Dr. Nathanson admitted to having performed as many as 75,000 abortions, including the killing his own child. Soon, Planned Parenthood began to setup clinics, not in well-to-do areas, but in extremely poor areas of cities, areas with large minority populations. In many circles, abortion was and is seen as inseparable from the women's rights movement and, very frequently, an attack upon abortion is seen as an attack on women themselves. Susan B. Anthony has to be rolling in her grave.

Dr. Nathanson changed his mind on the issue of abortion and went on to become one of the leading pro-life activists in the United States, producing such famous films as The Silent Scream. He has also written a few insightful books detailing his testimony:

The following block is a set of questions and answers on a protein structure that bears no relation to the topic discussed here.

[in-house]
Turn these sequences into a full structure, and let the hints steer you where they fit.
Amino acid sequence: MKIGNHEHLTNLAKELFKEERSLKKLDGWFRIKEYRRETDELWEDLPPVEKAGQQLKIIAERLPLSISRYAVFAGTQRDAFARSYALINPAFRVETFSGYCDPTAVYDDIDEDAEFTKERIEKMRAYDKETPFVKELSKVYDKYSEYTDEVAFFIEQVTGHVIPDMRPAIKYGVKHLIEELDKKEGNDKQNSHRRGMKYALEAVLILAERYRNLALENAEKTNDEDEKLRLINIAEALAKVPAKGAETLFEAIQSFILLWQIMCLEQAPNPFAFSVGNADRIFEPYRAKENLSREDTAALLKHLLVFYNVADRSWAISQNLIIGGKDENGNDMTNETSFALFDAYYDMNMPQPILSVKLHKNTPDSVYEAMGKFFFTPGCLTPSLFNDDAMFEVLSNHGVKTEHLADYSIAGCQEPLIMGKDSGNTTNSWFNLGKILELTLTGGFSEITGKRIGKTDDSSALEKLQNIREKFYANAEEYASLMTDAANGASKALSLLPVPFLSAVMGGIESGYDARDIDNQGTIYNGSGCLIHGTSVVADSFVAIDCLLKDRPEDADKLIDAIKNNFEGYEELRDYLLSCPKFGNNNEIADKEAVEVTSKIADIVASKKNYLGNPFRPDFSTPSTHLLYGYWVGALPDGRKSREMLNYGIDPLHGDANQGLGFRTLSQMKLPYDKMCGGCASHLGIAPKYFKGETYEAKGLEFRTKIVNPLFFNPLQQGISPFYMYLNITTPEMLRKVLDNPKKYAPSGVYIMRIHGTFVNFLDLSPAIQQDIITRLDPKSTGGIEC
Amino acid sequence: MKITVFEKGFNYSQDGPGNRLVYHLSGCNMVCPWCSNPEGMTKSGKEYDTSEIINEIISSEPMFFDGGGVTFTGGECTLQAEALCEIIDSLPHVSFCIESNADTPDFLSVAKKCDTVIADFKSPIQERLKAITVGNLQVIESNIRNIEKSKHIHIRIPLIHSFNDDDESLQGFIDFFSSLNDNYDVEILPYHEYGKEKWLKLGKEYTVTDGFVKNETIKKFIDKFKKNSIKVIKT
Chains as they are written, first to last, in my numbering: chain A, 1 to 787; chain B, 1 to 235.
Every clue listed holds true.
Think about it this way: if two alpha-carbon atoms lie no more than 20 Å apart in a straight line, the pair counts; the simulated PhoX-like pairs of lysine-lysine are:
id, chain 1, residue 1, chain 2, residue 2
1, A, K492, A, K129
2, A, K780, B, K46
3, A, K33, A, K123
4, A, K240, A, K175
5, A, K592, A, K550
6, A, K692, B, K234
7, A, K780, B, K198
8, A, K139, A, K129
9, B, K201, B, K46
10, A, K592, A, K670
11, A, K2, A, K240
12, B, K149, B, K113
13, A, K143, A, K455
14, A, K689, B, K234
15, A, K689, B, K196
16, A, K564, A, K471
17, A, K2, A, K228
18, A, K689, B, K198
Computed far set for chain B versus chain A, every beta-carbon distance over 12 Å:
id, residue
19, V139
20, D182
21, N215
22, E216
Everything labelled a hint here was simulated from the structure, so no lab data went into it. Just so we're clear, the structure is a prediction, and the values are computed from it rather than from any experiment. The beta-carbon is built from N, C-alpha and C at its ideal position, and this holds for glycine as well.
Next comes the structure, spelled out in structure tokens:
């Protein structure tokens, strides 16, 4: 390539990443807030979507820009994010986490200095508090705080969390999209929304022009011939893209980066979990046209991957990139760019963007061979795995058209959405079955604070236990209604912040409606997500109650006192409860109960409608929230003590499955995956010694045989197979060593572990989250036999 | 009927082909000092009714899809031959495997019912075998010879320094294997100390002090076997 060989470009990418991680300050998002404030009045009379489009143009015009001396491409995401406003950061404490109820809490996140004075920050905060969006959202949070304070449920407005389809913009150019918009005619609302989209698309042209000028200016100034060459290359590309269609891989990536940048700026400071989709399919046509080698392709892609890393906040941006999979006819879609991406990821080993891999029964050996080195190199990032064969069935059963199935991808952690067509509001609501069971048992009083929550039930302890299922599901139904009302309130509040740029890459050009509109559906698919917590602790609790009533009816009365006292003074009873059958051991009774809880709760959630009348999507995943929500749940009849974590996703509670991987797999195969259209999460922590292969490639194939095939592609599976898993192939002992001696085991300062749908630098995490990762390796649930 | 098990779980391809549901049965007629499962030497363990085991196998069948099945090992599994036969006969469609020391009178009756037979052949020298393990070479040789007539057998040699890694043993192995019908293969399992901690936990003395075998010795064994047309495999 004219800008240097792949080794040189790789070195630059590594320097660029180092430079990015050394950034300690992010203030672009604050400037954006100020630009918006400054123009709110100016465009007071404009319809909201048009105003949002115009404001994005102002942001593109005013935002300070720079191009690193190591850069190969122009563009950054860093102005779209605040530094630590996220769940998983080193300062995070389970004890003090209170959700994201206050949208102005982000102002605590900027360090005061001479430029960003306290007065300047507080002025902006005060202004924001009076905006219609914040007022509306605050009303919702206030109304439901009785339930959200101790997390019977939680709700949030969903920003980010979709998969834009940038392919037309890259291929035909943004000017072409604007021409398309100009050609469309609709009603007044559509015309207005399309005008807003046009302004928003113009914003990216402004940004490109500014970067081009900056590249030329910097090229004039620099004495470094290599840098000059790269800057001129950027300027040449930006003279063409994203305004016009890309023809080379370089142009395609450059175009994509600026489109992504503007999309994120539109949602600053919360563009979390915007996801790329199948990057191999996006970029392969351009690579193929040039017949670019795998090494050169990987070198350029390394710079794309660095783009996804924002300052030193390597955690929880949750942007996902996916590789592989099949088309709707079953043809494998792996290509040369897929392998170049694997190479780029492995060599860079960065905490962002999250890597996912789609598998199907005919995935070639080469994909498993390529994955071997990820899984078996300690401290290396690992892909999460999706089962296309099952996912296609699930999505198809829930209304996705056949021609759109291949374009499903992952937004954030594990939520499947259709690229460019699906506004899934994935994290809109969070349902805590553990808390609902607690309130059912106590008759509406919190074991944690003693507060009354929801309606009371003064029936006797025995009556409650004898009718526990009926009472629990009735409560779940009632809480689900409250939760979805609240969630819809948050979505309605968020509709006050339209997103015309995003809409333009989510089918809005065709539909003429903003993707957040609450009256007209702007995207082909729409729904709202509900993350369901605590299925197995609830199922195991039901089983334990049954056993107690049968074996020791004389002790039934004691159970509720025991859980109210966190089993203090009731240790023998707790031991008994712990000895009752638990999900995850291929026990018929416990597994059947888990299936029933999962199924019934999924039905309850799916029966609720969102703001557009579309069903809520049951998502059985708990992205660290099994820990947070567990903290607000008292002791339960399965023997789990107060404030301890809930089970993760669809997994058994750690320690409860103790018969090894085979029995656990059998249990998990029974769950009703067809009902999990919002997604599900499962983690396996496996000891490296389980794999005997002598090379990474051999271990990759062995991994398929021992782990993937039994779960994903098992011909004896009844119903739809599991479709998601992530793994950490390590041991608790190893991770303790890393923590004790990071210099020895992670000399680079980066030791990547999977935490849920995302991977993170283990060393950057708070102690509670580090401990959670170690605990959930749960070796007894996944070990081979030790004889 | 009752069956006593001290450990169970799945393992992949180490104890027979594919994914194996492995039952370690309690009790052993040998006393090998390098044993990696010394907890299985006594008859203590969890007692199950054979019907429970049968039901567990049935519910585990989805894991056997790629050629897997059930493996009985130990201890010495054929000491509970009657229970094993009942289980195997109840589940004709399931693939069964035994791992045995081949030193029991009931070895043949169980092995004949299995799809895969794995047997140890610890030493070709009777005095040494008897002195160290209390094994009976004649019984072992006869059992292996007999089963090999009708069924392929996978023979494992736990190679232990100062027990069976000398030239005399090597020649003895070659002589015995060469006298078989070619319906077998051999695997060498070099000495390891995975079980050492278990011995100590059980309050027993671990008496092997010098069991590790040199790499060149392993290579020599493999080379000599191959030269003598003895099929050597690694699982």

Aborting America
The Hand of God: A Journey from Death to Life by the Abortion Doctor Who Changed His Mind
Later, he was even baptized into the Roman Catholic Church.

We were duped in this nation. How have we become so blind? Why can there be no honest reflection and discussion? A little education can be a dangerous thing. Even when Norma McCorvey and Dr. Bernard Nathanson raise their voice, they are discredited by the women's movement as being kooks, against women, and out of step with America. Is this true? The pro-life movement within America has been gaining steam, though at times it seems like an uphill battle. Yet there is a lot of discouragement, particularly when individuals, particularly church leaders, shy away from confronting this issue. And we have Howard Dean who, as a physician, is proud to have sat on the board of Planned Parenthood in Vermont.